Chas Champagne’s best day of scouting for Lake Pontchartrain speckled trout in recent years was actually accomplished in his car.

The owner of the Matrix Shad line of baits and avid angler had just returned from a Florida vacation three Octobers ago when he had some business-related phone calls to make.

Rather than sitting in a stodgy office, he decided to multi-task and drive around his neighborhood in Eden Isles and next door in Lakeshore Estates. It was at the latter destination that he came across something that really caught his eye.

“At the back lagoon across from the Convention Center, I could see this super-hard grass line from my car,” Champagne recounted. “I was like, ‘Man, that’s got to be good.’ A light, little cold front had come through, and it was slick-calm on that back shoreline.

“I got home, and Kristie and I took the boat out. We went back there. I was using a jig, but you could have caught them on a stick bait. That grass line was like a wall that was about 10 feet off the bank, and it just canyoned down,” Champagne said. “It was a perfectly straight line all the way down (the shoreline). I would just cast right up to the edge of it, and let it free-fall. It was every cast down that whole shoreline. I fished that lagoon every other day for three weeks.”

The grass hasn’t grown as well along that shoreline in any year since, but Champagne spends his autumn days hunting for similar situations, and generally has no trouble finding them. But, without question, the autumn bite has changed dramatically in eastern Lake Pontchartrain in the past half-decade, and locating grass beds is now essential to success.

“The lake’s obviously gotten fresher,” Champagne said. “It used to be when you got into September, the L&N (train bridge) and the Highway 90 bridge over the Rigolets would really get awesome, and it would be those really big fish.”

That annual run peaked in September 1999, when Jason Troullier caught the third-largest speckled trout — an 11.24-pounder — ever brought to scales in the Bayou State.

“It’s not like that was a fluke fish,” Champagne said. “Every August, September and October, that was the thing to do — fish structure and deep water in the Rigolets, and catch really big fish.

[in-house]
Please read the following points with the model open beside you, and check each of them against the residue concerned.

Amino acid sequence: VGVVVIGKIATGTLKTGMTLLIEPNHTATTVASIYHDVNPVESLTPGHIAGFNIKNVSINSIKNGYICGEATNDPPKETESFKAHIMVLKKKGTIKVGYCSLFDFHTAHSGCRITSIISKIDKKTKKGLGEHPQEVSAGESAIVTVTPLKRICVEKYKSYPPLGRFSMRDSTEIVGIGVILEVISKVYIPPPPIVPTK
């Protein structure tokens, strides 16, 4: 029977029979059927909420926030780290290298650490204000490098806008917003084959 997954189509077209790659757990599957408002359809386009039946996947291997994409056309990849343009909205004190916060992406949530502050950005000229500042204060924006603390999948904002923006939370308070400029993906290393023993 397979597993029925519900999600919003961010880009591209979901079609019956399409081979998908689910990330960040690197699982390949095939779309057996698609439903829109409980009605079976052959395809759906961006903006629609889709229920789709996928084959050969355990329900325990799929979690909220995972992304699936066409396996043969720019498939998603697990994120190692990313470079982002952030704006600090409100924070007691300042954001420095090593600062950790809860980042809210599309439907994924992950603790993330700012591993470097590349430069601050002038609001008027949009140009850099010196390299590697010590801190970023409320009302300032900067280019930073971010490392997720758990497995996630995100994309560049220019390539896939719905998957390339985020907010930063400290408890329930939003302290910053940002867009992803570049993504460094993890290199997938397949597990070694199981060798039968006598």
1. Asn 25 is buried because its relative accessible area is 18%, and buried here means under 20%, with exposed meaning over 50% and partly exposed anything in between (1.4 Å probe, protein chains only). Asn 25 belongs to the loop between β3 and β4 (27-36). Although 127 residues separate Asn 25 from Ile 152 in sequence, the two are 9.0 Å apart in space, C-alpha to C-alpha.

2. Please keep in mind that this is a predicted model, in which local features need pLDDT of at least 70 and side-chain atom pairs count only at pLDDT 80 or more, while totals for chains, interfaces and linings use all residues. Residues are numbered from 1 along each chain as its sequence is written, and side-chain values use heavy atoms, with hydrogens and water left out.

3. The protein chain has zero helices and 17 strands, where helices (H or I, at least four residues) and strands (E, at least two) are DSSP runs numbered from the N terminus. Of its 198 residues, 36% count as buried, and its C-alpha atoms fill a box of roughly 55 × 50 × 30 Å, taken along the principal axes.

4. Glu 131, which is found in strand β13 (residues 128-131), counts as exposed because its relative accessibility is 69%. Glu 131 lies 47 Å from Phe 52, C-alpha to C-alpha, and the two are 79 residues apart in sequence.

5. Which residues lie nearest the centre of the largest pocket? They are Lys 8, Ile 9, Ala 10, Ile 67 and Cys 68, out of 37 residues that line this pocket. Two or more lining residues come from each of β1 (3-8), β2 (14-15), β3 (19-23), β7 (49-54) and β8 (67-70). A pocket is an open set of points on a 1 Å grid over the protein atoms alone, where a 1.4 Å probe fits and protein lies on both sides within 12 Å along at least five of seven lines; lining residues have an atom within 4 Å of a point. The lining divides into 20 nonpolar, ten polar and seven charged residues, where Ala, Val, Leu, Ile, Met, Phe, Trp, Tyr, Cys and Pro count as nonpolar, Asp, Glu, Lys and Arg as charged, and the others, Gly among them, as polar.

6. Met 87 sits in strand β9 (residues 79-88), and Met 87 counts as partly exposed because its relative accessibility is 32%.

“But I personally think that breed of fish really isn’t around this time of year anymore. The 14-inchers can’t live in that environment. In that deep water, they’ll get eaten by something bigger than them.”

So Champagne doesn’t try to force the issue. He’s adjusted by perfecting his grass-mat pattern. Most of the time, it’s accomplished by throwing jerk baits (also called stick baits and twitch baits) to the edges of grass beds close to relatively deep water.

“The fish are hanging 4-to-5 feet down in water that’s 8-to-10 feet deep,” he said. “The Matrix Minnow, when you throw it, it’s a really slow-sinking bait, so you can fish it down to 8 or 10 feet. The grass line might be right up tight to the bank, whether you’re in Geohagen (Canal), Lakeshore Estates or Eden Isles. You don’t want to do it along a 2- to 3-foot-deep shoreline. If I did that in Lake Catherine, I’d be dragging grass the whole time.

“The fish are suspended,” he said, “but they’re using the edge of that grass to ambush the bait that comes out of it.”

In the fall, grass beds tend to hold white shrimp migrating through the estuary to spawn outside in the big bays and sounds. The speckled trout know relating to grass is essential to filling their bellies and adding fat reserves for the winter.

Champagne said he throws the jerk baits right up to the edge of the grass, and he uses a particular cadence to attract the most bites.

“It’s like a walk-the-dog thing — twitch-twitch-pause, twitch-twitch-pause,” he said. “I’m not saying if you cast and reel it wouldn’t work. But I fish it like I’m walking the dog underwater.

“The pause is really important, I think. I can’t tell you how many times I’m relaxing the bait, just sitting there for a second, and all my slack gets straightened out,” Champagne said. “They love clobbering that thing when it’s not moving. It’s fun. You don’t need to catch more than 5 or 10 fish to enjoy it.”

Although the jerk bait fish won’t rival the one Troullier’s 1999 giant, they are still nice-sized trout, Champagne said.

“You fish a jig or a popping cork, and they’re all 12-inchers, but you switch to that jerkbait, and all of a sudden, they’re magically 16-to-18 inchers,” he said.

Champagne’s favorite colors are something he calls “nightmare,” which has a black back with a clear belly and “pink lemonade,” which has a green back with a pink belly.

To locate areas to throw them, Champagne relies on quality eye wear.

“The No. 1 most important thing is to make sure you’ve got polarized sunglasses on,” he advised. “You can’t see those hard grass lines without them, and that’s really important.”

Especially if you happen to be scouting from your car.

Follow Amy Wold on Twitter, @awold10.